CAPITOL HEIGHTS, Md. -- It's tough work, but somebody has to do it. When the snow falls and many people gear up for a snow day, county and state workers pack their bags and gas up their snow plows, because there's a lot of work ahead.
"You get a little sore in the back and you find the aches you haven't had in a while," says Dave Howard, who's usually a construction standards inspector for Prince George's County.
But when the snow falls, Howard becomes a snowplow driver.
He says this year has been rough.
"It's been taxing. Everybody, I think, is pretty much done with it. They're ready for it to be over."
While on duty, Howard says most people are supportive.
"A lot of them are nice and friendly. They'll wave and appreciate it."
But there are others "that don't appreciate it. They feel like you're in their way."
Howard has worked for the county for 30 years. He has even brought his son on board to drive a plow during the snow. But he says the job can be tough on his wife.
"When we're gone, my wife is at home by herself," he says.
Drivers work 12-hour shifts, and on Monday his job was to keep many of the roads in the Capitol Heights area clear enough for emergency personnel to get through during the storm.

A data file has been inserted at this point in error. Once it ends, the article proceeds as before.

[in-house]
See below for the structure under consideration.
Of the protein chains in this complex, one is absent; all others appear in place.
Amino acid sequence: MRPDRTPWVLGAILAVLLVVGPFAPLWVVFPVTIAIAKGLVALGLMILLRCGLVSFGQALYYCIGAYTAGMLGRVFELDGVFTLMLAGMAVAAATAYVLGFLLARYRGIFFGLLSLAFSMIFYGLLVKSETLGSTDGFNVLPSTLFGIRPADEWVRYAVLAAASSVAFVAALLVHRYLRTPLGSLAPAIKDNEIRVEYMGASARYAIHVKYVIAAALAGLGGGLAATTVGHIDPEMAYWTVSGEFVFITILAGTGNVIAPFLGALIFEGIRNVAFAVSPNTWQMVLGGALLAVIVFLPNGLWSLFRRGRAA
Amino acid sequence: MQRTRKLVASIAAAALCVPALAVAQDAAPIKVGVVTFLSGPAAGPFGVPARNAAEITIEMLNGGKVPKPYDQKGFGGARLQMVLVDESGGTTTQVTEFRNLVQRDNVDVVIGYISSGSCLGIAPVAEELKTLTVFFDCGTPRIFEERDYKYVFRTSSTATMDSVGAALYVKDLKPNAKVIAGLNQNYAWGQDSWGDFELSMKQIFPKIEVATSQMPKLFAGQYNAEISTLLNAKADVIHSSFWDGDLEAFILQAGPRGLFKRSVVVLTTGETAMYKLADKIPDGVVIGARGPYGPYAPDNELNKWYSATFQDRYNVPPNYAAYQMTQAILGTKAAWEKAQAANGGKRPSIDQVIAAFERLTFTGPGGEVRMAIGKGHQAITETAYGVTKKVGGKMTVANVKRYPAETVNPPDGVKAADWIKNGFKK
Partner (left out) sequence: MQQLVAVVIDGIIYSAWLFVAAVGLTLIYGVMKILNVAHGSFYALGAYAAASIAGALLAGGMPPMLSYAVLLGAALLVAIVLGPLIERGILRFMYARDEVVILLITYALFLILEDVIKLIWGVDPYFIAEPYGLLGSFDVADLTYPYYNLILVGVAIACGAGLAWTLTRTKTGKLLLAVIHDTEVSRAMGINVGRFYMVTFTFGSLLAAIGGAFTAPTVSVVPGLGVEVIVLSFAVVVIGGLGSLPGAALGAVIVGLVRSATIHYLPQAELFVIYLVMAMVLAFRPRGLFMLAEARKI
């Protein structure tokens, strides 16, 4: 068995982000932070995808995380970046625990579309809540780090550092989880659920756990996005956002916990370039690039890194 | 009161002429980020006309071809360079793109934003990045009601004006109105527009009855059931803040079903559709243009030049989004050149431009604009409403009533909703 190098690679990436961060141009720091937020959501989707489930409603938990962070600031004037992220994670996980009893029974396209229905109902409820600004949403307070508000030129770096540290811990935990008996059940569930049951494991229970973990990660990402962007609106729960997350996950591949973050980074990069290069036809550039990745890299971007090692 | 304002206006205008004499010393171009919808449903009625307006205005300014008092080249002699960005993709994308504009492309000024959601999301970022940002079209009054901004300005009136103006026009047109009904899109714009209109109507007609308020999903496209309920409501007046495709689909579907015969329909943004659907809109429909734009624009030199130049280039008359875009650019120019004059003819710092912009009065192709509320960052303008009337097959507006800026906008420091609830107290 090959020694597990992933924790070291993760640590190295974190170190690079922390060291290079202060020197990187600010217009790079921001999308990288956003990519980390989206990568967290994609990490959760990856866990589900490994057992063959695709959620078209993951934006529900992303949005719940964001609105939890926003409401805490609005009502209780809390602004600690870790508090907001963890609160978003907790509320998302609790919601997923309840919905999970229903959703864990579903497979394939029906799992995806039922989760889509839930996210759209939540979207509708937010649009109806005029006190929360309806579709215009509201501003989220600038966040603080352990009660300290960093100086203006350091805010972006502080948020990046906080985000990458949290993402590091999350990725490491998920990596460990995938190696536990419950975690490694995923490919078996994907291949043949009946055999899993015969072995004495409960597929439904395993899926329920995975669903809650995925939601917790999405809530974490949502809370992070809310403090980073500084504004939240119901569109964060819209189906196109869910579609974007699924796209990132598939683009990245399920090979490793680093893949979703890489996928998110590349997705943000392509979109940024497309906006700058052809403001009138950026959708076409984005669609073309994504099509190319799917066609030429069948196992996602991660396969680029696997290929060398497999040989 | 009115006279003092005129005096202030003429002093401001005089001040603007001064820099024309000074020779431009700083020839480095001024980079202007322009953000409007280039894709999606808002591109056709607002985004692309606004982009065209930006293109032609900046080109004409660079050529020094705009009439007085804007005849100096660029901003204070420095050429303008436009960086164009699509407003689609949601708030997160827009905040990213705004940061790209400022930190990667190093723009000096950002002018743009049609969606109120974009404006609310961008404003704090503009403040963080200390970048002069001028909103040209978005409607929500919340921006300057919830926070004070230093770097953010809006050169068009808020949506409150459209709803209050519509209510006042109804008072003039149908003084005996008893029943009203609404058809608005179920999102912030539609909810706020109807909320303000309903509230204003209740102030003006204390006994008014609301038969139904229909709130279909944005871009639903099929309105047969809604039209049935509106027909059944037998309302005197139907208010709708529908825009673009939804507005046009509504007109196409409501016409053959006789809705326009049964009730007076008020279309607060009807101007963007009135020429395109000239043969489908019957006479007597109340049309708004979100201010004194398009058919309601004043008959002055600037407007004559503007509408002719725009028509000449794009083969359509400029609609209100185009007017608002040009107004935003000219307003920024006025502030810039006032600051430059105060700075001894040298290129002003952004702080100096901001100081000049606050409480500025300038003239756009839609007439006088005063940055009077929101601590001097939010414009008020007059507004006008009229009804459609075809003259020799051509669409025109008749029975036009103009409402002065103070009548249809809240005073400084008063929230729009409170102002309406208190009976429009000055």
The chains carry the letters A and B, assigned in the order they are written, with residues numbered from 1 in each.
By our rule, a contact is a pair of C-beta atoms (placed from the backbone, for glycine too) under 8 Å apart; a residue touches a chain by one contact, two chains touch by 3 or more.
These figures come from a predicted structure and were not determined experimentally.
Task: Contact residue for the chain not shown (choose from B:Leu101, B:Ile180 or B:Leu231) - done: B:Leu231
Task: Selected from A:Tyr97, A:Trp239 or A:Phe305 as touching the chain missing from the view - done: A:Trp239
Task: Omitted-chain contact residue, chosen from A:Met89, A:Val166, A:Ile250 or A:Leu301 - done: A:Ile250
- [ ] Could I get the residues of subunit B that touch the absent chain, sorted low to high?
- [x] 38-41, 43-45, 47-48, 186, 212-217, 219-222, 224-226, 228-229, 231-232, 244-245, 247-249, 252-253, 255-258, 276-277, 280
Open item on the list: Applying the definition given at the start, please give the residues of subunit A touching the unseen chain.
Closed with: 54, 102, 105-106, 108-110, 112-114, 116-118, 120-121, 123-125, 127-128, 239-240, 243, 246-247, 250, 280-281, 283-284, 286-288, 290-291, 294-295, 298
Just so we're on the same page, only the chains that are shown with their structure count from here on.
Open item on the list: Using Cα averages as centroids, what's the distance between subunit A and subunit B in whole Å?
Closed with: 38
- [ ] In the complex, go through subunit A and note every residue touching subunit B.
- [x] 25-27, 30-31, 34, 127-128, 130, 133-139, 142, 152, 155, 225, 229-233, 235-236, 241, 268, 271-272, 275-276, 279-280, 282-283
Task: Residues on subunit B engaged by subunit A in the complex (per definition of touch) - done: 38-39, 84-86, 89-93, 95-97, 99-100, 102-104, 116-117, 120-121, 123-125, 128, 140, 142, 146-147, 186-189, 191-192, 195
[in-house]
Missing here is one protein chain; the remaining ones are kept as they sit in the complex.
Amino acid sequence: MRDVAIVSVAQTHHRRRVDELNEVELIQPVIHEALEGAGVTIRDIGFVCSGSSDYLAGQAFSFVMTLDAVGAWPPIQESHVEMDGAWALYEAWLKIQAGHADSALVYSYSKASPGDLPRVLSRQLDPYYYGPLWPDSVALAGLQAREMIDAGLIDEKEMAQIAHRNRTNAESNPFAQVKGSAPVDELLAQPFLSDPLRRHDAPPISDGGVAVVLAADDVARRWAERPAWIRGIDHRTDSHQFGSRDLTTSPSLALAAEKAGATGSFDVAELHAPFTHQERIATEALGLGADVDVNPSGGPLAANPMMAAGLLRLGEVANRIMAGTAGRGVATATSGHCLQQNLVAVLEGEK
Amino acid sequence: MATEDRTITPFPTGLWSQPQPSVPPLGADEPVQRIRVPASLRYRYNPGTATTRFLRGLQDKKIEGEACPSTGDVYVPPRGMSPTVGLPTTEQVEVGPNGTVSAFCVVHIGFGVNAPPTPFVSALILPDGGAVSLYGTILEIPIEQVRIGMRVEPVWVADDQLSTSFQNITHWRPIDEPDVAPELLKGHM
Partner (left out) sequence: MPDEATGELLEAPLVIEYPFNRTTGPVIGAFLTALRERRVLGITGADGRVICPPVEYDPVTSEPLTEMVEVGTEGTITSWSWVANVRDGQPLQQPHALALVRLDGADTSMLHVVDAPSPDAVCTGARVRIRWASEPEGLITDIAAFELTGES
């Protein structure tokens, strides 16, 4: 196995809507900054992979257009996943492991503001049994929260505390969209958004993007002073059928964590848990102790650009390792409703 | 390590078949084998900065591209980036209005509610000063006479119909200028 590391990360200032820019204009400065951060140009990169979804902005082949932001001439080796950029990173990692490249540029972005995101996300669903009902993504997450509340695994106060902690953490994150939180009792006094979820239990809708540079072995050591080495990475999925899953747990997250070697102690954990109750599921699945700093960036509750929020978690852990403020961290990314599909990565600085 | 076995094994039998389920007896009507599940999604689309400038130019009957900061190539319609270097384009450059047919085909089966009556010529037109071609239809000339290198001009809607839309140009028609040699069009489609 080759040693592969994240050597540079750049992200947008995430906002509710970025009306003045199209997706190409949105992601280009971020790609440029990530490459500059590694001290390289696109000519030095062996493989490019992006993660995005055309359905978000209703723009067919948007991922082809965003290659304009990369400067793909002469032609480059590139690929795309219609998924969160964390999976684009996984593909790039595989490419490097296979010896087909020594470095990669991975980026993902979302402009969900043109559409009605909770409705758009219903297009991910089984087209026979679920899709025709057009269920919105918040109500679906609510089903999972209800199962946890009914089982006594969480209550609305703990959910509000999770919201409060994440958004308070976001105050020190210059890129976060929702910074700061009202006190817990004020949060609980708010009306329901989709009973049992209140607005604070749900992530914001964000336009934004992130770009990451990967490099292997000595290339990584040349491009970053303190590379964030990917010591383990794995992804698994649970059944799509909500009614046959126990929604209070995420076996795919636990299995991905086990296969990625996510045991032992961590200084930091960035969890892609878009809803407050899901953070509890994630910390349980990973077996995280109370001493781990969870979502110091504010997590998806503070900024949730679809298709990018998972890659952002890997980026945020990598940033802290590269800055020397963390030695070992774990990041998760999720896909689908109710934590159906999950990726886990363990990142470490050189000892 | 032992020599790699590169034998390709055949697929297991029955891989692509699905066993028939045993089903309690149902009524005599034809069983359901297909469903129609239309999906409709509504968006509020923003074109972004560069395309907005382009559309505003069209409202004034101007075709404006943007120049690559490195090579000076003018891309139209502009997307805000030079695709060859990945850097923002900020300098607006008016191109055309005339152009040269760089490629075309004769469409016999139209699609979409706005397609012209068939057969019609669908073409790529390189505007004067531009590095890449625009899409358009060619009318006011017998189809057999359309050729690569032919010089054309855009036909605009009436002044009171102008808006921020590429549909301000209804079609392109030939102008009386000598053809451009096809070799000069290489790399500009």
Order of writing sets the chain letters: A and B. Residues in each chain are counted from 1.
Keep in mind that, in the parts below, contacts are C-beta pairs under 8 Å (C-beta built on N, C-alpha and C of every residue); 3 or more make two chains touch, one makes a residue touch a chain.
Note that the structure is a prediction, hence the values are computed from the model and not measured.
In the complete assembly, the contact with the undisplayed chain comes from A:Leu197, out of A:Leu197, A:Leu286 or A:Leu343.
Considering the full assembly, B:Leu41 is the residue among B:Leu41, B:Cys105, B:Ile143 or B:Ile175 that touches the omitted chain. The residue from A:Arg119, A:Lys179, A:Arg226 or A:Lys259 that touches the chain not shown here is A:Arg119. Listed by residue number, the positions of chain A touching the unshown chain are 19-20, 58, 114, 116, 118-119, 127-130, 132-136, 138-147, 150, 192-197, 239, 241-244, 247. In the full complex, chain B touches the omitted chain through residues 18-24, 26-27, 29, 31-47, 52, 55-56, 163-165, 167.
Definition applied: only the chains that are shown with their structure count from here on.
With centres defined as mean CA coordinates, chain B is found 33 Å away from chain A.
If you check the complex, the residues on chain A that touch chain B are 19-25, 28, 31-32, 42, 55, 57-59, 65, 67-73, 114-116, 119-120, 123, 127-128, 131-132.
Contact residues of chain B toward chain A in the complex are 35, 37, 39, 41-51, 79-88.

The goal is to "try to get [the roads] clear as quick as possible," Howard says.
There is a priority list when it comes to which roads get cleared first. Primary roads top that list, and residential streets are lower down.
"The residential areas, we do try to get to them, but it doesn't make a whole lot of sense to open a residential if you haven't had your primaries open up yet," Howard says.
When plowing, he says, there is a lot to consider and you have to be alert.
"What you don't see can hurt you indeed because you have steel plates. You've got utilities, manhole covers that are raised up."
When you hit one of those hazards, Howard says you can do a lot of damage not only to them, but also to the plow.
He says those hazards are a good reason for drivers not to follow plows too closely.
"If I was to hit a manhole structure right now, it will actually kick my truck to the left really fast, and I can't do anything to stop it," Howard says.
As the snow falls, you might not see plow drivers dropping a lot of salt on the roads.
"If we just throw salt constantly, we'll just use up all our resources and then we'll be really low."
So what advice does a veteran snow driver have for other drivers out there? When it comes to small piles of snow in the road, "if you don't know what's under there, just avoid it."
Watch the video to see what the drive is like from a snowplow driver's perspective:
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